4 Answers

  1. You probably meant dark matter and empty space, which is still filled with something. Even in a complete vacuum, there are virtual particles. What we cannot fix in any way, from the realm of mysticism, the spiritual, we accordingly cannot measure. Therefore, it is impossible to say how many percent it takes. Yes, and the question is whether it exists. Probably not. So that's not true. Although the data from the air may coincide with reality.

  2. Not true. Neither one nor the other can be counted and added up. If the number of atoms is still somehow, then how to calculate the sound? Or electromagnetic phenomena? And it is impossible to calculate intangible assets in principle. What's that supposed to mean? Count the joy? Add fear and then calculate the percentage? Bugoga! Although some “specialists” from the world of esotericism are trying.

  3. smaller… Matter is made up of atoms. An atom is the distance between a nucleus and electrons. This distance is so great that we can confidently assume that the atom consists almost entirely of empty space. Matter occupies only one billionth of the total space in an atom. To get at least a rough idea of what this billion number is, we'll give you one good example here, borrowing it from the English biologist J. J. Feinberg:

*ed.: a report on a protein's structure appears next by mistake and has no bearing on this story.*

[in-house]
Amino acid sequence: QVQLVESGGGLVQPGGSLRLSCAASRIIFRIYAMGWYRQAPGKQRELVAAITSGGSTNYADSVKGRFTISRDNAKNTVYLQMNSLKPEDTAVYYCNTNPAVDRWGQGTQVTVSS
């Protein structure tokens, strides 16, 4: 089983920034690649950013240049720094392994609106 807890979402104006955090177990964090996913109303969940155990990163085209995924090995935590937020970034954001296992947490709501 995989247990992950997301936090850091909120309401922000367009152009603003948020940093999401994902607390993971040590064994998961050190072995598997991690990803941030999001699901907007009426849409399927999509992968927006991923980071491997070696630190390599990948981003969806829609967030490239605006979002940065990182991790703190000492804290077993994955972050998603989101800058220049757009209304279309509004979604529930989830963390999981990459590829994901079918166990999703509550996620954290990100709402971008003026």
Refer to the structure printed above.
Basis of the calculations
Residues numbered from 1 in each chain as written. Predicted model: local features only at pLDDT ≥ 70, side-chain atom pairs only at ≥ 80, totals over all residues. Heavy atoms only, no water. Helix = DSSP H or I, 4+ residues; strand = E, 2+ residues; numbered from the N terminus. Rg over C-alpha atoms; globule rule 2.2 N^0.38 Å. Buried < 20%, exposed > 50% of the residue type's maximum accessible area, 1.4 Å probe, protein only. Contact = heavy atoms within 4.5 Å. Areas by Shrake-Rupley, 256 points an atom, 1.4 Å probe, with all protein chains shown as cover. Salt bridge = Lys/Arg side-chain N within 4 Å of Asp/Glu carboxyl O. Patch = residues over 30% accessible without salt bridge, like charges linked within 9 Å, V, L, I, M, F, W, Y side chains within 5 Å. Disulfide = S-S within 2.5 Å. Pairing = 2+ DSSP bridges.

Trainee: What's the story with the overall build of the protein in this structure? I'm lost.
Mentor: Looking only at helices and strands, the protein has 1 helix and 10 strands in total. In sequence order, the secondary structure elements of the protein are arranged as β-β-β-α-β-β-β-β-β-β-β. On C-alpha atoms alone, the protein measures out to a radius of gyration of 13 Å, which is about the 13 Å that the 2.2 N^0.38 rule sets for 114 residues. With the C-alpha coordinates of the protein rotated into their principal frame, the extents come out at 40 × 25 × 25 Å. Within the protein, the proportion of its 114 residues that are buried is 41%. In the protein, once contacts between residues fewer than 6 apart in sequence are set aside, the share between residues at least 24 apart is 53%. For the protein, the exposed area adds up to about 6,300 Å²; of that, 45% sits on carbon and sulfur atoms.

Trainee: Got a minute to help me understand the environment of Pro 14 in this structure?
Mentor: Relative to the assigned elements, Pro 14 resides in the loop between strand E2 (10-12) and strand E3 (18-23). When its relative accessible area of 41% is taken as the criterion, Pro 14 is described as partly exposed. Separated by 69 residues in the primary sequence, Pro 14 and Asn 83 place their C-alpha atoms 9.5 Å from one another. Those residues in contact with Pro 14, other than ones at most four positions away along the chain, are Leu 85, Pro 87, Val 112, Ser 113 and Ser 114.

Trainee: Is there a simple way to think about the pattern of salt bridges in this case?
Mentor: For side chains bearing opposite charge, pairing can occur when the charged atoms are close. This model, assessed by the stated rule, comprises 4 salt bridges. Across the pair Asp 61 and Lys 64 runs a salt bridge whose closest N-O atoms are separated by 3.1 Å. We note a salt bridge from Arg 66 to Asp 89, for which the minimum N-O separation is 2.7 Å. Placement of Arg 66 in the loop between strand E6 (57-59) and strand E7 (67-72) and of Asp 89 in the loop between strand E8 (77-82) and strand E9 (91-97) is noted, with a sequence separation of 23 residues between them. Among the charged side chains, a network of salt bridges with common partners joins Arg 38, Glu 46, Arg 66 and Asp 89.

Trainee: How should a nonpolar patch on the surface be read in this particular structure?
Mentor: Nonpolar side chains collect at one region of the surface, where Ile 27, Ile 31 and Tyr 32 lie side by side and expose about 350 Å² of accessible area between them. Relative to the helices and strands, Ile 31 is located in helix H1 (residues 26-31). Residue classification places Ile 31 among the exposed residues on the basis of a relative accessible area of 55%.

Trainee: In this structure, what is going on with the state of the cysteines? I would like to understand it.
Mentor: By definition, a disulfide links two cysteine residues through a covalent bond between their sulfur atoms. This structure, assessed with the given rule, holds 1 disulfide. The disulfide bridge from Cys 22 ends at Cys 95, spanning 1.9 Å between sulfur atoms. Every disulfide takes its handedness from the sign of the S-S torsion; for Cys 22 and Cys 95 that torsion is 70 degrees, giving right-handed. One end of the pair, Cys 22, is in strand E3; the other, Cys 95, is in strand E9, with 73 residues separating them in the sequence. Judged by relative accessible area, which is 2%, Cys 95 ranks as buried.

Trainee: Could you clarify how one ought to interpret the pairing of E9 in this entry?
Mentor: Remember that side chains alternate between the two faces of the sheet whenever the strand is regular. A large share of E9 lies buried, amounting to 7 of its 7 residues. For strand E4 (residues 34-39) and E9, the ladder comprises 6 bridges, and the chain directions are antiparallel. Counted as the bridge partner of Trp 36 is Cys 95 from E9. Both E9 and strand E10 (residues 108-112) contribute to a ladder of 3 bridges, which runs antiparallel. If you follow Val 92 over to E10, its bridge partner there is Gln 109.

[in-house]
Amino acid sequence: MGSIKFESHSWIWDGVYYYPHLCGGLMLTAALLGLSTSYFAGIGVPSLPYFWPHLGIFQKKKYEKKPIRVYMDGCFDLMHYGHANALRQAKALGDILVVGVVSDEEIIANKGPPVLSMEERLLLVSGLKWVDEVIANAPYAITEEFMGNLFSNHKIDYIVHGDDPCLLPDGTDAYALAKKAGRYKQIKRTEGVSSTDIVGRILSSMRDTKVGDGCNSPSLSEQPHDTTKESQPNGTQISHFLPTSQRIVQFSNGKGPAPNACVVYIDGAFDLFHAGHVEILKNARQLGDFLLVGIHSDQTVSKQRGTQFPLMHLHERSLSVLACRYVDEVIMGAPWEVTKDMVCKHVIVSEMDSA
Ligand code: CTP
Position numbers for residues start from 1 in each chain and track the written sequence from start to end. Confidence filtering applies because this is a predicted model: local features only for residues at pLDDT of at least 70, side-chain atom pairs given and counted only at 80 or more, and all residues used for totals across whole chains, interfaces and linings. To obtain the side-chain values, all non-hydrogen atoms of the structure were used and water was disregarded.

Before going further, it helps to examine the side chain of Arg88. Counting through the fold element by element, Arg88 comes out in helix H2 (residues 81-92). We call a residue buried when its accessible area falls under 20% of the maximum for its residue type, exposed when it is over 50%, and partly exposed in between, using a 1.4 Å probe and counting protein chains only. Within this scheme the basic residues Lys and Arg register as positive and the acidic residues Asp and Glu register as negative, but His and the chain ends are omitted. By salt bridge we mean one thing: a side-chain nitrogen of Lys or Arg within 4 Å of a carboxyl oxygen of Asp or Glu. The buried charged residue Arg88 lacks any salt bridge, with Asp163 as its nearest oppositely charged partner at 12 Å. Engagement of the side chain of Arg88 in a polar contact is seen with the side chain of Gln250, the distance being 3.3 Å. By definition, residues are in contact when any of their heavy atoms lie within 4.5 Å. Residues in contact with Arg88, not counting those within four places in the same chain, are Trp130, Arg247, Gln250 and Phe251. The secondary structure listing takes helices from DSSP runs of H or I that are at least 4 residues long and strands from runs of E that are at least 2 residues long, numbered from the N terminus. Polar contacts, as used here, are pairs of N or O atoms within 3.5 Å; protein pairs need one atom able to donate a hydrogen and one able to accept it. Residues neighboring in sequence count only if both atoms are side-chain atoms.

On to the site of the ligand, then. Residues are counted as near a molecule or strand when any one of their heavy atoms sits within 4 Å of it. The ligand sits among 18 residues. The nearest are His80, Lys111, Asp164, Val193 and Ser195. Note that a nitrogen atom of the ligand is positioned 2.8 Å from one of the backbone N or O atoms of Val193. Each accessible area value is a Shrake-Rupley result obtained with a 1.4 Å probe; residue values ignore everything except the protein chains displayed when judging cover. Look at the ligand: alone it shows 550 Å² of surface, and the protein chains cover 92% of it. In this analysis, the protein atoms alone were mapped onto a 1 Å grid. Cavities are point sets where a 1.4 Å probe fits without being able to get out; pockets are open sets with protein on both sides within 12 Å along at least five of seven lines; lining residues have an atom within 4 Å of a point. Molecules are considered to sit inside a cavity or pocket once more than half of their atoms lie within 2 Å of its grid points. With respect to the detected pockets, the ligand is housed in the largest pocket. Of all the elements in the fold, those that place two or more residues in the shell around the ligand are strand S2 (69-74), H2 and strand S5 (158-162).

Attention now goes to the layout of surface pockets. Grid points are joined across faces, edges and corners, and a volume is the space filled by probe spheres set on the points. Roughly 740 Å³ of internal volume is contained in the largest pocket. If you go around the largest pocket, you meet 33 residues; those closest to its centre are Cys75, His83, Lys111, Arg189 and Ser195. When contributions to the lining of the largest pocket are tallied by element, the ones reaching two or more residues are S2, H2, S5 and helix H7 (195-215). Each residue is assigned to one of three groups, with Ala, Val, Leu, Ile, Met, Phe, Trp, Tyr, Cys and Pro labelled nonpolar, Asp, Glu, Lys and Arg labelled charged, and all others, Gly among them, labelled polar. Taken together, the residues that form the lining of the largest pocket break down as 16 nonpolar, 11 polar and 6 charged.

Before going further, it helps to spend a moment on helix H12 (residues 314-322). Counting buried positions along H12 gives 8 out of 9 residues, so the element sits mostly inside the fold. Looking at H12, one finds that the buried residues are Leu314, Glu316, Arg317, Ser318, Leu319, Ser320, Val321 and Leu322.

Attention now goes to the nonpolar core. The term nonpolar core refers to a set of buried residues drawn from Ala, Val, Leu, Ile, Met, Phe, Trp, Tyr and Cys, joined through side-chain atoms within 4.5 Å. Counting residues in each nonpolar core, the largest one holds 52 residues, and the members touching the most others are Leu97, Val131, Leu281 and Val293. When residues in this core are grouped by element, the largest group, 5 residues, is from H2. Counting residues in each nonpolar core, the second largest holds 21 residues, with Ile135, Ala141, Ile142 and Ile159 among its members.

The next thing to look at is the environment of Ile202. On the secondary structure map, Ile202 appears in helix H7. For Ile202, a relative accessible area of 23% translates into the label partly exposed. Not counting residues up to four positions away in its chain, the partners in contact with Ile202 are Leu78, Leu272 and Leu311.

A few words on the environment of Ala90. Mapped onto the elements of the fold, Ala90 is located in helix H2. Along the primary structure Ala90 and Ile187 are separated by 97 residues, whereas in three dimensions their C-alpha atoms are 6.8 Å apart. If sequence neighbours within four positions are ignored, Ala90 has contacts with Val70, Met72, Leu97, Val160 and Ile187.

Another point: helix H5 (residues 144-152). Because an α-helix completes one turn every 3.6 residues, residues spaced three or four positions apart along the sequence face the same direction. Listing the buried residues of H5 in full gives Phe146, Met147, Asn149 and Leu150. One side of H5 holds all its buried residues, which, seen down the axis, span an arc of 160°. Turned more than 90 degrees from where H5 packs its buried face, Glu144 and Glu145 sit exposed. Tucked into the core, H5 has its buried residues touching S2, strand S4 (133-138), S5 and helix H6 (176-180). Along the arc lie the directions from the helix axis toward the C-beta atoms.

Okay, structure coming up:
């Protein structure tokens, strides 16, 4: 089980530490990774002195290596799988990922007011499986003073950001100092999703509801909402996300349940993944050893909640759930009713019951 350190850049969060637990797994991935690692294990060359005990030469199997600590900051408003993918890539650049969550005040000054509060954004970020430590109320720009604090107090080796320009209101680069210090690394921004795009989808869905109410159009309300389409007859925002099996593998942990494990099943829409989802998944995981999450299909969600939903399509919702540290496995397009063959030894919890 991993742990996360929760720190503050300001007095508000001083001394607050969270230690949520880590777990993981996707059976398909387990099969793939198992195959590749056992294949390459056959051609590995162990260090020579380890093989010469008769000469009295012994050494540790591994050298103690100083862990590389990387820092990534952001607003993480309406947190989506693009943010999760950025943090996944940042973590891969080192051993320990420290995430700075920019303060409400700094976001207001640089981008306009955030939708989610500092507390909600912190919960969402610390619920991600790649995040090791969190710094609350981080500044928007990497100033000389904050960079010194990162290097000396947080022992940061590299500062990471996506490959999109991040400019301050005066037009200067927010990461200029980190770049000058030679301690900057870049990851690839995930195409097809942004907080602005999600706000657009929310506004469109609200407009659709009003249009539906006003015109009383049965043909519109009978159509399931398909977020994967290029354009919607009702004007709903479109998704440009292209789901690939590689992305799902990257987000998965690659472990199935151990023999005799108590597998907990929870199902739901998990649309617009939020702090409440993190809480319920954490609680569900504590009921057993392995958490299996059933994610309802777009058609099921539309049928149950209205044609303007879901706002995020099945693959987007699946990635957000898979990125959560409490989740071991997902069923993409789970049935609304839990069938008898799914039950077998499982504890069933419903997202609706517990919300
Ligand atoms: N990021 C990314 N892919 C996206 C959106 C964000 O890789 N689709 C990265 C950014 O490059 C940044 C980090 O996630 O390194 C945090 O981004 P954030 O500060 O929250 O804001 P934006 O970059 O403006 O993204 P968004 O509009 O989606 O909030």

“A billion is a million times a million. The difference between a million and a billion will be immediately clear to anyone who learns that a million seconds is only two weeks, and a billion seconds is already more than thirty thousand years.”

    If we use the model of our planetary system, the distance between the nucleus and the electrons would be about as large as the distance between the Sun and the most distant planet — the cold, dark Pluto.

    This distance can also be explained by another example. Imagine a hydrogen molecule . If you increase the nuclei of hydrogen atoms to the size of a soccer ball, then an electron with approximately the same size will rotate at a distance of about twenty-three kilometers from the soccer ball. And the rest of the space will remain empty. We will meet the next hydrogen atom nucleus in another twenty-three kilometers, since the distance between the hydrogen nuclei in our example will be about fifty kilometers.

  4. The question is meaningless, since the concepts of “material” and “non-material”are not defined. For a quantitative assessment of matter in the universe, refer to any modern book on cosmology.

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